It’s fair to say Simon Flory is comfortable being old-fashioned. Flory, a native of rural Indiana, purveys a sound that is a melting pot of music you’d be hard-pressed to find on any radio station. In that sense, the title of his latest album is more than a little ironic. Radioville is a mix of bluegrass and Appalachia-inspired Americana, creating a 10-track tapestry that, while uneven, is ultimately a triumph, thanks to some of Flory’s twangy Texas music friends. 

From the poppy first track, “American Ancients,” through the closer, “Soft Gravel Stone,” Radioville reeks of purposeful nostalgia. Recorded on an old tape machine, the album contains the kind of ramshackle story that causes musical purists to ooh and aah when others may be tempted to roll their eyes. At times, Flory tries so hard to be a serious country artist making a serious record that he forgets to cut loose and let the lyrics do the talkin’. The lyrically clunky “Station Agent” feels like Flory is going through the motions over a hastily pasted guitar melody, while the meandering “First Gear” suffers from fits and starts before finally floundering. Other tracks realize Radioville’s vision in a way that makes the bumpy road-trip worth your time.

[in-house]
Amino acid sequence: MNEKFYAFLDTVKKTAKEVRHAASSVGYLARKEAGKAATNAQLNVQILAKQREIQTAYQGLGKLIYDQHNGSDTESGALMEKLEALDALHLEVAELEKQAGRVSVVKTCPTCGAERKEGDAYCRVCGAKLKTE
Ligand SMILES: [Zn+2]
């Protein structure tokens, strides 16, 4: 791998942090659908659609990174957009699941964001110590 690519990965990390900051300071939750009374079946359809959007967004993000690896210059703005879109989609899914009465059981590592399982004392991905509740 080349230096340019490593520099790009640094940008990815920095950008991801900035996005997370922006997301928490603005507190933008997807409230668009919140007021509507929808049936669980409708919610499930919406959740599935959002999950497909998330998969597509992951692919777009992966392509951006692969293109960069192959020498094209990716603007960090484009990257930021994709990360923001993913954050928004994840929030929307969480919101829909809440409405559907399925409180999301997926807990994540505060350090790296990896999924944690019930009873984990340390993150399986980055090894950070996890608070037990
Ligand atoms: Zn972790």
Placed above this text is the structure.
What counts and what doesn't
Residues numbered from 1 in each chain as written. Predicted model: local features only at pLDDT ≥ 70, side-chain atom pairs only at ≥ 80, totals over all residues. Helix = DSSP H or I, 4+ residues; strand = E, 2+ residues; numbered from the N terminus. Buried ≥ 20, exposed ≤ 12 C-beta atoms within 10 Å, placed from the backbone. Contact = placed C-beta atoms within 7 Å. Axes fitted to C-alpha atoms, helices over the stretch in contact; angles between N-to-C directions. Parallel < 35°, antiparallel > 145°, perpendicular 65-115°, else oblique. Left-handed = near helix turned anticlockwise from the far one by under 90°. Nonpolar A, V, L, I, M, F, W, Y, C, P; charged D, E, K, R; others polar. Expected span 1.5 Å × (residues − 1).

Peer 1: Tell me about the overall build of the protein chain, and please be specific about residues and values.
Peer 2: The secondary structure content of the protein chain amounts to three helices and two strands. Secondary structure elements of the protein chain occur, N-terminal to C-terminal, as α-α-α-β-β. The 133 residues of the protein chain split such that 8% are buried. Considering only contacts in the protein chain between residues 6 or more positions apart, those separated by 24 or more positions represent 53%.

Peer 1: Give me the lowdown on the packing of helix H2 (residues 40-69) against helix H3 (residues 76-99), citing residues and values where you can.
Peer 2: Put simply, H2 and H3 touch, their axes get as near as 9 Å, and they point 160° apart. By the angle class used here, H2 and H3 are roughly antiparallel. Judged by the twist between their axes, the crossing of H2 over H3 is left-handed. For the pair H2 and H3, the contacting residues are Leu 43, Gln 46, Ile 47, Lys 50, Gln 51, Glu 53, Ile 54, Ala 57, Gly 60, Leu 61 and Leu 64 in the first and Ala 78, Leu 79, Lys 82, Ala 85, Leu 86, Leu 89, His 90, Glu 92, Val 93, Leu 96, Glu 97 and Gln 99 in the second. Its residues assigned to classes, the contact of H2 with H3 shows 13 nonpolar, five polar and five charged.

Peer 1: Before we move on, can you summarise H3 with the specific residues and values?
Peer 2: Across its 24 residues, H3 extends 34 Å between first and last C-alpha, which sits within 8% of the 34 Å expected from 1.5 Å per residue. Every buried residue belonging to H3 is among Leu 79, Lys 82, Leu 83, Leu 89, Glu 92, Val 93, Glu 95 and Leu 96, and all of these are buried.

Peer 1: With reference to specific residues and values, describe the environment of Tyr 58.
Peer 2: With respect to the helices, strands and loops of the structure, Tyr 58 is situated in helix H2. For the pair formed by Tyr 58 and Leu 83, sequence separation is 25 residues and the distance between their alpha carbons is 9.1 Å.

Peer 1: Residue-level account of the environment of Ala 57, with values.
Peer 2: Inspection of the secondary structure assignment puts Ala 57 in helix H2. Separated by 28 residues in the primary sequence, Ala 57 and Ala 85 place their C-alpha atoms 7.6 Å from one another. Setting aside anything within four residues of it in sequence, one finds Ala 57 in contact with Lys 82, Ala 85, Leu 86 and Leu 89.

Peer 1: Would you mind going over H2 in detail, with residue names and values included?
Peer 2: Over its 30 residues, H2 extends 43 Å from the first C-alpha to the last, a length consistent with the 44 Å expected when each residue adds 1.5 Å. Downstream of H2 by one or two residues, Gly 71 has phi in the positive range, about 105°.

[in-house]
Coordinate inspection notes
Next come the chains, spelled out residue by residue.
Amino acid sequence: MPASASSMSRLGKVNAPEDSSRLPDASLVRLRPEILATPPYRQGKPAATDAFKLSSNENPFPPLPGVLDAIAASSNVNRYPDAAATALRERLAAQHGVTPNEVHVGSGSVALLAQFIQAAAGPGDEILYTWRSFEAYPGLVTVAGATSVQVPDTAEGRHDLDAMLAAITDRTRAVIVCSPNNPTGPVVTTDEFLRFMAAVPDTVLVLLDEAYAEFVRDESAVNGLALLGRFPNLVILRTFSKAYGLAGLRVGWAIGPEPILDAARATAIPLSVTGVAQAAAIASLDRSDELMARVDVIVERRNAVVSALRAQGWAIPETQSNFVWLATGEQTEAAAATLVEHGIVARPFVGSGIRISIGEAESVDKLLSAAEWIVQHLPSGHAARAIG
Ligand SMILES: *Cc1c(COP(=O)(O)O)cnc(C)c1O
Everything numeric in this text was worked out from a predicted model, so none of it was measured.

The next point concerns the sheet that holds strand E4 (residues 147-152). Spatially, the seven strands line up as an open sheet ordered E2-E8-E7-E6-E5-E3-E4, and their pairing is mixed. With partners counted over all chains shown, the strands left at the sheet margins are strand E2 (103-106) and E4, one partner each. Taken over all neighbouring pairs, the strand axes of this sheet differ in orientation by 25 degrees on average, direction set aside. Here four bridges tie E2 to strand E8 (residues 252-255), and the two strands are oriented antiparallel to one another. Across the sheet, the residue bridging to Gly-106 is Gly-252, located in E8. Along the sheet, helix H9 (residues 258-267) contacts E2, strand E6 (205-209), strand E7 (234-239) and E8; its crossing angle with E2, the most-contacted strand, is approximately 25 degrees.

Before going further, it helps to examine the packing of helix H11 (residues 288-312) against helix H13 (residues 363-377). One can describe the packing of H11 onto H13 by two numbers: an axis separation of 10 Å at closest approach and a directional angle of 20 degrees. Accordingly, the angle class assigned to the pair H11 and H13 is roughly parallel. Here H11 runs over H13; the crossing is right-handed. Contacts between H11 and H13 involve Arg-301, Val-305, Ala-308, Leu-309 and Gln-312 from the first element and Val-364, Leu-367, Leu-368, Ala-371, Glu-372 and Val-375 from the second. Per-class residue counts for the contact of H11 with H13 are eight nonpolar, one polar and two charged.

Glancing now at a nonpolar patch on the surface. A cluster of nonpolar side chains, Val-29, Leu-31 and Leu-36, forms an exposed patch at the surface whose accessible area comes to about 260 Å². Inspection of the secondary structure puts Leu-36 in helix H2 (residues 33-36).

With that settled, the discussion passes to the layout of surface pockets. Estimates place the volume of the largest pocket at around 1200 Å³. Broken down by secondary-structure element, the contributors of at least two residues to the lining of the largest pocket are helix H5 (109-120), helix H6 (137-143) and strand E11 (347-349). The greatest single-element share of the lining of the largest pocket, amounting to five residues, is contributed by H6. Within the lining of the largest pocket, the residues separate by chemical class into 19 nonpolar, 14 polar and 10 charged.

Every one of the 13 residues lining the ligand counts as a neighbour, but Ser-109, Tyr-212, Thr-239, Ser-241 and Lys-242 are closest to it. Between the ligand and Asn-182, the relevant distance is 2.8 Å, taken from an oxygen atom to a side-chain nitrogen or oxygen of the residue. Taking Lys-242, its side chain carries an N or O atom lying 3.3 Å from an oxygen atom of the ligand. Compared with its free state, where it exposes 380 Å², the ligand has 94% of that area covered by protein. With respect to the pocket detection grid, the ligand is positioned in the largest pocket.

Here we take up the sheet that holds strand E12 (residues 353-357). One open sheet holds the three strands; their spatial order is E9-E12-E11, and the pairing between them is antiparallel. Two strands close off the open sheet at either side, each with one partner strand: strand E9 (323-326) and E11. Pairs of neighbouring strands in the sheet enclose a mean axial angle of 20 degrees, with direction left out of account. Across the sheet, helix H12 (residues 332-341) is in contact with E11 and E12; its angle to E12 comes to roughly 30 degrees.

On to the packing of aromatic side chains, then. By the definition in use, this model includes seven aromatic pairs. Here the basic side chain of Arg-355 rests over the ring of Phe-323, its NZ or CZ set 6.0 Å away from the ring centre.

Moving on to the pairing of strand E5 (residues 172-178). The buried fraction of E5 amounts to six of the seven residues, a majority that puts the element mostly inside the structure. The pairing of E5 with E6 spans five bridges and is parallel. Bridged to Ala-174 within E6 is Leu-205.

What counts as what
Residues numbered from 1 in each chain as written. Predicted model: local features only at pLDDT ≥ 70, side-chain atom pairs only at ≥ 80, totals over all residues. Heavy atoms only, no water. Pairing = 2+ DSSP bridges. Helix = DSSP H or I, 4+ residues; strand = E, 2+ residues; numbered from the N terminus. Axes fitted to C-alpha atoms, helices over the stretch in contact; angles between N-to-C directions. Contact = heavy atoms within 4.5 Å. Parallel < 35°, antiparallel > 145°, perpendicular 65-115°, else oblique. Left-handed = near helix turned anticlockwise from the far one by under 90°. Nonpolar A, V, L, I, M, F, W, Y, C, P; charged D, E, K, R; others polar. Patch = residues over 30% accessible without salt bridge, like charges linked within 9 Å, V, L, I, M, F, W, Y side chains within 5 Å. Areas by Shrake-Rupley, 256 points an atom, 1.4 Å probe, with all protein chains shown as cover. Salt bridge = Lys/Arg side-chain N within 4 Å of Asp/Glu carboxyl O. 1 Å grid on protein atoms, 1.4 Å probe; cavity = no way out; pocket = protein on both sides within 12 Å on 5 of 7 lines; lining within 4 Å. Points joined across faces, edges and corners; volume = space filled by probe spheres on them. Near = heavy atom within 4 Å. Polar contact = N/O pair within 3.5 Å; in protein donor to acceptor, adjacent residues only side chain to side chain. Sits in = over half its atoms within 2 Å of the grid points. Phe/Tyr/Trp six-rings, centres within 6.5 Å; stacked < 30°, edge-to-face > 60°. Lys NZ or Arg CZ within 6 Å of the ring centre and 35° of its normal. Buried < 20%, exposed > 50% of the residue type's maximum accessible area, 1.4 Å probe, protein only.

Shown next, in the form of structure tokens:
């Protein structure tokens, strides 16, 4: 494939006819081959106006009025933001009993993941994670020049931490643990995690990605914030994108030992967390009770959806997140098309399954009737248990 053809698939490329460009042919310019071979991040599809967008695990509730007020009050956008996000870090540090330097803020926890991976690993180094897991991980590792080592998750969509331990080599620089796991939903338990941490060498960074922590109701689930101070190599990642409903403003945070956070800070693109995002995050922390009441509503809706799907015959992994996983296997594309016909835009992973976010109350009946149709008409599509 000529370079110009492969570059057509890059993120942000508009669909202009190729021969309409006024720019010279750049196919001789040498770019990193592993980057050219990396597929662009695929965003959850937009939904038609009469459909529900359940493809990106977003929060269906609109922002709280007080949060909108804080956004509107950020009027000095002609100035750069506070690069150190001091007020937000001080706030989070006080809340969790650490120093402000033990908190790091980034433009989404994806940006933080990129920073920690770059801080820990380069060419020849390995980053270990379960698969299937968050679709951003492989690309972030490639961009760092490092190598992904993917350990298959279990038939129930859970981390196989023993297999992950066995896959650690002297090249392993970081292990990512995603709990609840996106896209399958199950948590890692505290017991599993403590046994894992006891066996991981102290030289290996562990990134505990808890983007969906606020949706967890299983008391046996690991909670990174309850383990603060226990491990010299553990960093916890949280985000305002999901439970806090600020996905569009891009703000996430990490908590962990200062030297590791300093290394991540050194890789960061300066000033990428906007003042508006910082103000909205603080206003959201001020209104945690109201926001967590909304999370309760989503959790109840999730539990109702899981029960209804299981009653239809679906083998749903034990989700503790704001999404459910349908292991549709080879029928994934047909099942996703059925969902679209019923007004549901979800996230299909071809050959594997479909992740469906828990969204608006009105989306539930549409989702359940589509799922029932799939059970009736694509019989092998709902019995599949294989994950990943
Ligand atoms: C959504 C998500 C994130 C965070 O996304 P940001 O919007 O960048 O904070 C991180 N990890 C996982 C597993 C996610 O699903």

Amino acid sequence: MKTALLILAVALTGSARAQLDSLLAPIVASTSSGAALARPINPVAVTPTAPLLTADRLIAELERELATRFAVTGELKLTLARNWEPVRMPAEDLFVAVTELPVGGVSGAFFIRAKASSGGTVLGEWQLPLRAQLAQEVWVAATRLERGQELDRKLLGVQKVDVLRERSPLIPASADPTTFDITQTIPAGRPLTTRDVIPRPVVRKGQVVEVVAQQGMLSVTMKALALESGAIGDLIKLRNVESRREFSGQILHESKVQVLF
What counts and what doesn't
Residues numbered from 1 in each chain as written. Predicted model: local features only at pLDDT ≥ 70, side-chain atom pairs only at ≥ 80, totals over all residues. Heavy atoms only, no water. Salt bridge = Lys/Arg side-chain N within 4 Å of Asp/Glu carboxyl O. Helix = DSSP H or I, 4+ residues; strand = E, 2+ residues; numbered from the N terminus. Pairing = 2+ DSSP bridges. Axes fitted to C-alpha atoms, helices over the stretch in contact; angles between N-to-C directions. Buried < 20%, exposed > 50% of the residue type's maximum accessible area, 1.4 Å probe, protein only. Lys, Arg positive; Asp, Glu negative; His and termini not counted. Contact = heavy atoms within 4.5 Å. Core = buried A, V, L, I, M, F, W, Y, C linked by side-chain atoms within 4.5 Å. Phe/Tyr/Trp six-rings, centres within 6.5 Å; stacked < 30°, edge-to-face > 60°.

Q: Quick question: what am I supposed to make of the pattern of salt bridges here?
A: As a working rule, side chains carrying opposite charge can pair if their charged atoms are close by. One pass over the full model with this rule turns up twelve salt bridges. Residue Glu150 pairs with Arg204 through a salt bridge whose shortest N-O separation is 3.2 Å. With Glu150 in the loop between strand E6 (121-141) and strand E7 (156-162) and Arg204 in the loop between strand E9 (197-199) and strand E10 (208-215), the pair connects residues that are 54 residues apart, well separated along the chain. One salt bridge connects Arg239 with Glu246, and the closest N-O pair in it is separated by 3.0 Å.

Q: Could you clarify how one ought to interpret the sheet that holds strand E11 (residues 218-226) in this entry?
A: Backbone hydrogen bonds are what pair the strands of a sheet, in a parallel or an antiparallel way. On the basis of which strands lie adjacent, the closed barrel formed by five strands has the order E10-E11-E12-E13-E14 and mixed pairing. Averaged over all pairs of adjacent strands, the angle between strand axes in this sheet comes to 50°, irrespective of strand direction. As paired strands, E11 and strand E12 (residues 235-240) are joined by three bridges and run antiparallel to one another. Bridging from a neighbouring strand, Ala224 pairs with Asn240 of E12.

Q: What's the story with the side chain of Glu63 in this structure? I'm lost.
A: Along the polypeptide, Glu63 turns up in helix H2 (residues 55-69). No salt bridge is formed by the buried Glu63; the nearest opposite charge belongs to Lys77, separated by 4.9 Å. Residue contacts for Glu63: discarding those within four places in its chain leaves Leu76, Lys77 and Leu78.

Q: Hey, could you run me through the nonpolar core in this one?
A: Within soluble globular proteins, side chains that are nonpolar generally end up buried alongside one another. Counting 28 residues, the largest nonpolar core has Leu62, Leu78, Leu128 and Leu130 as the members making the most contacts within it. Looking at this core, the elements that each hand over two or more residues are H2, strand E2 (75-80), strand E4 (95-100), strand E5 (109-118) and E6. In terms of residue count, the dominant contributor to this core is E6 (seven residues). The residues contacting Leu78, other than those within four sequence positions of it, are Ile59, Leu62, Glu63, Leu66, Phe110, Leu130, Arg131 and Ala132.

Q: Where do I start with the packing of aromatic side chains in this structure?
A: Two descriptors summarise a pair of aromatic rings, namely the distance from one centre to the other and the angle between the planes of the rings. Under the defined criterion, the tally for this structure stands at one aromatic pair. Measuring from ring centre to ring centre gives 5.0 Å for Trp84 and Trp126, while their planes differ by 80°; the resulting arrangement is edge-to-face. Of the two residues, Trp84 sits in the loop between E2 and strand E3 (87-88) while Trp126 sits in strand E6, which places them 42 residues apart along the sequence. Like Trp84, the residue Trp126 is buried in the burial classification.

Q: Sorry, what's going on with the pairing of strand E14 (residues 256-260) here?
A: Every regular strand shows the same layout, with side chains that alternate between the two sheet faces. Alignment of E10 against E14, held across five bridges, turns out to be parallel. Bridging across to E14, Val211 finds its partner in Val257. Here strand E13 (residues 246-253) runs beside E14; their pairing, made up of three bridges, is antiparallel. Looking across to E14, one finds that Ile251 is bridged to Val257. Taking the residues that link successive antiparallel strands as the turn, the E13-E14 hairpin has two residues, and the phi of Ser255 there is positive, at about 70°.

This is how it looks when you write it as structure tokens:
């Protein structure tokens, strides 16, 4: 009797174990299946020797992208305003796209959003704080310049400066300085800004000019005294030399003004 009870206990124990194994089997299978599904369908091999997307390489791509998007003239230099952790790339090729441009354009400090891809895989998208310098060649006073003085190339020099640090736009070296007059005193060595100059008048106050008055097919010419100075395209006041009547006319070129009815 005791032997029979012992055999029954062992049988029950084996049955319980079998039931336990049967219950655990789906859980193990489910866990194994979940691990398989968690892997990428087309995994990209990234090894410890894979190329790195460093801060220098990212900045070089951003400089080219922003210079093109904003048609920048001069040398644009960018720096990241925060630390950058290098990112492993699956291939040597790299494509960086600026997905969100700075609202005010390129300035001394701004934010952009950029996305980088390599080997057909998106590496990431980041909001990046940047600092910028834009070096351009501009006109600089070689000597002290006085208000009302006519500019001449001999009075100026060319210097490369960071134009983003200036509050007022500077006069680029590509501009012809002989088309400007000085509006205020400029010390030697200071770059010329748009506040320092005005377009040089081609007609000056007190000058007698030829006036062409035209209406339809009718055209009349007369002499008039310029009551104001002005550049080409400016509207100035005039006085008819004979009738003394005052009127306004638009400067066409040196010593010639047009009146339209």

Most of the album’s standouts are its collabs. Charley Crockett and Dylan Bishop join Flory on “Hard Luck Kid,” a melancholy ditty that doubles as a platform for its artists’ impressive vocals. “County Fair,” the album’s strongest tune, finds Flory making twangy magic with the help of Summer Dean, who sounds like she was born to duet on moody, moribund songs like this. “Appalachian Sky” features Noel McKay, Brennen Leigh, and the album’s most impressive instrumentation, as well as a fun rat-a-tat back and forth between its trio of artists.


Fittingly, it’s the title track that encapsulates the album’s achievements and shortcomings. “Radioville” is an ode to a town where not much happens and no one gets out, a community “bedridden by poverty and fear.” While the tune lacks lyrical originality, Flory’s fluid voice makes you think there just may be a way out of the dark, dank nooks and crannies of this town that time forgot. Maybe, thanks to Flory and his friends, we can remember why a town like this is worth singing about in the first place.